The Senate recently advanced a measure repealing two Authorizations for Use of Military Force (AUMFs) against Iraq. The House of Representatives passed a similar measure in 2021, but when the last Congress expired, that bill died. For the repeal to become effective, it must pass in the current Congress and then gain the signature of President Biden, who supports the repeal. Because the repeal measure has at least some bipartisan support, passage now seems likely.
The two AUMFs were adopted in 1991 and 2002. They respectively heralded (what came to be known after the fact as) the first and second Iraq wars, spearheaded by the first and second Presidents George Bush (George H.W. and George W., respectively). Those wars exacted enormous costs in dollars and especially lives, including the lives of hundreds of thousands of Iraqi civilians.
It is impossible to know how the last three decades would have unfolded had the U.S. not pursued the Iraq policy it did. Maybe things would have gone even more badly. Perhaps Saddam Hussein would have eventually developed and used the weapons of mass destruction that the second Bush administration misled the world into believing he already had as justification for the 2003 invasion. But things could have gone better. Perhaps the regime, oppressive as it was, would have continued to serve as a strategic counterweight to Iran. It does seem highly unlikely that ISIS—which originated as Al Q’aeda in Mesopotamia—would have come into existence in almost any alternative universe in which the U.S. did not invade Iraq in 2003. What we do know is that the actual policy had disastrous consequences.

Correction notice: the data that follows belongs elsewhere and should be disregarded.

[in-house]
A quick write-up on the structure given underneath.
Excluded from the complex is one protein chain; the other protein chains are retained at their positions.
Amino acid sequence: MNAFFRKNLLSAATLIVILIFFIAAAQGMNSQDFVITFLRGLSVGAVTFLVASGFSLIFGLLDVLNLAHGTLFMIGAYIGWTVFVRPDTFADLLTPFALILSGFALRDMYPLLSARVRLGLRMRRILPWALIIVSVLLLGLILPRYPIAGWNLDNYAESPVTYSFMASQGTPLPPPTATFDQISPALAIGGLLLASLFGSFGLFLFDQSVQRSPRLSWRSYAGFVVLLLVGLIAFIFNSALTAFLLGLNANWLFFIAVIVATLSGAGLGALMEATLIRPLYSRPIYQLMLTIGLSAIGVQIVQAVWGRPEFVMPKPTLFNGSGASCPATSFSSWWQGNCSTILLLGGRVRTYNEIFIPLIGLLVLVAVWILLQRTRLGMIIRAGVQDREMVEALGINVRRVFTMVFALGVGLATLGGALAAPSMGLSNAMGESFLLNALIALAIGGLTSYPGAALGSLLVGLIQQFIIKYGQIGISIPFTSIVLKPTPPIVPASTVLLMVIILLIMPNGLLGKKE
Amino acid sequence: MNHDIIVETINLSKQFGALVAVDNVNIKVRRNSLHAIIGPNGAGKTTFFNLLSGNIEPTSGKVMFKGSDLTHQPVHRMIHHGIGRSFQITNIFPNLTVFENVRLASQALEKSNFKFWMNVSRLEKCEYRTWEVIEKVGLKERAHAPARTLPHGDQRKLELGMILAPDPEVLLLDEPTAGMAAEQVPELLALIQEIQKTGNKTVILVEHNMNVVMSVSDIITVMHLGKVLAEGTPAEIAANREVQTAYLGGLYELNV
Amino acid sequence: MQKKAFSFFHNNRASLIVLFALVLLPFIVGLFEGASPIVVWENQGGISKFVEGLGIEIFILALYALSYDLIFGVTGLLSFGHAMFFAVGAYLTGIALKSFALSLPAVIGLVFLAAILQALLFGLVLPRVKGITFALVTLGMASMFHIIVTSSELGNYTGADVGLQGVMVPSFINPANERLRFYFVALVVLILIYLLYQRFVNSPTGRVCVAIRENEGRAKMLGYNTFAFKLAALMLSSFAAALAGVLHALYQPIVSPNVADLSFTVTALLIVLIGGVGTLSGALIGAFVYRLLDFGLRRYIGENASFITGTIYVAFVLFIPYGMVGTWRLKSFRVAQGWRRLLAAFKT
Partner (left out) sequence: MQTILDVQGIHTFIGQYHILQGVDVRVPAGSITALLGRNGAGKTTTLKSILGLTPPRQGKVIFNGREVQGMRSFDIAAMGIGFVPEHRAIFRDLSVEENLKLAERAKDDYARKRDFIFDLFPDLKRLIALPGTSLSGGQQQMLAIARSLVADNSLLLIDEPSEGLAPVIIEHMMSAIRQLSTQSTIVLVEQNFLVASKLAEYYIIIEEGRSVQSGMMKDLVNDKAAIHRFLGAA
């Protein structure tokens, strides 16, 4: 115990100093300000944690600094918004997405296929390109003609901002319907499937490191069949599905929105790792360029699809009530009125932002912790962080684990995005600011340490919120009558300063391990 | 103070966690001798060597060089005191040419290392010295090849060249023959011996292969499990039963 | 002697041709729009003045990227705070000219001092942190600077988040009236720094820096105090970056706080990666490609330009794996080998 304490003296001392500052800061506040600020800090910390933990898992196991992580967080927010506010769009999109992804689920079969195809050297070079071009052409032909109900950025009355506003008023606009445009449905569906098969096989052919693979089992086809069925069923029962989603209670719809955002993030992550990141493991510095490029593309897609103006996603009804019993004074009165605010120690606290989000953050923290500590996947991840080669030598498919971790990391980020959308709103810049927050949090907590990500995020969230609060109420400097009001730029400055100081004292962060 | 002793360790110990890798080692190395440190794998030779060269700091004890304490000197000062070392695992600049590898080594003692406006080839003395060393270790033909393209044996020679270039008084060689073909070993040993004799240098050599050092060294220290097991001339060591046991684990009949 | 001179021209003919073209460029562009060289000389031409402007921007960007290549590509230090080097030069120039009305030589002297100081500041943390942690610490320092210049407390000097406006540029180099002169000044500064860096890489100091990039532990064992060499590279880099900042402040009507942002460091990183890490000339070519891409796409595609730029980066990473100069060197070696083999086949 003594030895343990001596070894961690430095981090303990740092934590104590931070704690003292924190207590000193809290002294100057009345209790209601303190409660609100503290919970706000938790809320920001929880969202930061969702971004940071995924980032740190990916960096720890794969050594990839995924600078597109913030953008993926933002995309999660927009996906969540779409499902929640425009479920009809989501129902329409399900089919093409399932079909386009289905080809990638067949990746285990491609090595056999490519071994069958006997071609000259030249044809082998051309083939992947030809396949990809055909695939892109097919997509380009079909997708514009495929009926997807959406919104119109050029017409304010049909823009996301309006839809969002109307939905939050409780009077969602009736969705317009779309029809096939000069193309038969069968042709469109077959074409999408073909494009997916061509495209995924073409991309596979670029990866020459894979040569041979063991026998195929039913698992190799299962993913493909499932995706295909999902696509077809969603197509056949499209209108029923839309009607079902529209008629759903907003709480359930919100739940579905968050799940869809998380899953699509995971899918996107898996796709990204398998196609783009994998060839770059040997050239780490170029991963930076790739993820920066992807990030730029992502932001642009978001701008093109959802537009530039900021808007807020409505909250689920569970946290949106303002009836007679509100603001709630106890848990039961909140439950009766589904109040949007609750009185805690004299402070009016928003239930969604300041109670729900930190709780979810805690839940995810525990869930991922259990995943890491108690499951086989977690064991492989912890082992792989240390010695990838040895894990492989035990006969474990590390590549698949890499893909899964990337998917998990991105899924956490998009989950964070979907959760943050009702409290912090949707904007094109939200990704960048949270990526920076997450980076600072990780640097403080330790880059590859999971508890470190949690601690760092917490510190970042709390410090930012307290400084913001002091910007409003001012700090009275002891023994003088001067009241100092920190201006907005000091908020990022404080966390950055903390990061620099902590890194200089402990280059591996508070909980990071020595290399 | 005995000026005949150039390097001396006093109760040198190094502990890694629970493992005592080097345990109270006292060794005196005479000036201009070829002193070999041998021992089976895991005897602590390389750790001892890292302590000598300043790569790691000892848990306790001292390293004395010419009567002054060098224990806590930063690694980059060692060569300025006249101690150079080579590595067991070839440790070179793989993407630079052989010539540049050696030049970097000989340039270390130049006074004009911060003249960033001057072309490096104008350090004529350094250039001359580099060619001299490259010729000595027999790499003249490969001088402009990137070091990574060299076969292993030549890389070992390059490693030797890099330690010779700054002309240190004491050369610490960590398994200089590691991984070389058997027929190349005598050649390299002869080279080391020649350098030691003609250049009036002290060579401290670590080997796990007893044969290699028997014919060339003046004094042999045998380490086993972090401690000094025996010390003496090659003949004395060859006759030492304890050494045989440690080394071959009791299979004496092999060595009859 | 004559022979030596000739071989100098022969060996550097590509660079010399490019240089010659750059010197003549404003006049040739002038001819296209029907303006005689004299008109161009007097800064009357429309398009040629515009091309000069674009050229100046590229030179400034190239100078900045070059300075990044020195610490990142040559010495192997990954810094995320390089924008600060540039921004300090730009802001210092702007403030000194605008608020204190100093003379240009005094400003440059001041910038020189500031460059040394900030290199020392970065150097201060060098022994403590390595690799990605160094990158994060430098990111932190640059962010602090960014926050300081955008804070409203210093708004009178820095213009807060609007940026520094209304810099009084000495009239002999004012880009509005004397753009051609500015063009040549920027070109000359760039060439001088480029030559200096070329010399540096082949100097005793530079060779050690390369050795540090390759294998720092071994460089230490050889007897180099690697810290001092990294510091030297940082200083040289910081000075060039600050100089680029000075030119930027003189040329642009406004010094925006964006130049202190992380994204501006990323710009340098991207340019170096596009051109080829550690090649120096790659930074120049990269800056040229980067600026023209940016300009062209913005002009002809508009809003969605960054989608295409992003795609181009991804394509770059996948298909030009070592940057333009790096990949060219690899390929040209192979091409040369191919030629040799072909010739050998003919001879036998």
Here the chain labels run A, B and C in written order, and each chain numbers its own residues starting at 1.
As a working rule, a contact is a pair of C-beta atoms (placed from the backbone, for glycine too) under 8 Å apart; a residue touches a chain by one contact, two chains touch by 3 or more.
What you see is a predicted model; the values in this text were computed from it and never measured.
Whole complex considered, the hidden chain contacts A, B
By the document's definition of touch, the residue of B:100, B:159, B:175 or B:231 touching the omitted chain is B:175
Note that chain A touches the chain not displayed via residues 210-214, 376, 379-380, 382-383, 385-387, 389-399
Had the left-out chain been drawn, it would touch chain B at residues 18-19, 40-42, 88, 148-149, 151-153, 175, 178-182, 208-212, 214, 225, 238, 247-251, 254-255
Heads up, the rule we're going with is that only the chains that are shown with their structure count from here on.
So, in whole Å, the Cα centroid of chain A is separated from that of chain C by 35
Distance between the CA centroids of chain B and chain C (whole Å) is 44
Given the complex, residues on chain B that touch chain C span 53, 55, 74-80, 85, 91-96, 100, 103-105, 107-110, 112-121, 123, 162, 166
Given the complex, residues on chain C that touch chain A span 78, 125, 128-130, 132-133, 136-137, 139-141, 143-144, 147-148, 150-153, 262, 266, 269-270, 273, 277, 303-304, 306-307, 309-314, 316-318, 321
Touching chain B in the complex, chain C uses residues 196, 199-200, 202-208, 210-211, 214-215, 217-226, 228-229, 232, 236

Repeal of the AUMFs thus can be seen partly as a belated and veiled acknowledgment of the terrible mistakes made over two decades ago. In addition, and more expressly, repeal would reassert the principle of separation of powers. Co-sponsors Democrat Tim Kaine of Virginia and Republican Todd Young of Indiana have made that point expressly, noting that just as Congress has the constitutional responsibility to decide whether to declare war—or equivalently, to pass a resolution authorizing the use of military force—so it should declare the end of war, and thus the end of the President’s extraordinary powers, when facts on the ground do not justify a state of war. The U.S. still has approximately 2,500 troops in Iraq, but that’s hardly an indication of an ongoing war. After all, the U.S. has more than ten times that many troops stationed in Germany, but no one would say that their deployment reflects the continuation of Congress’s declaration of war in 1941.
The AUMF That Remains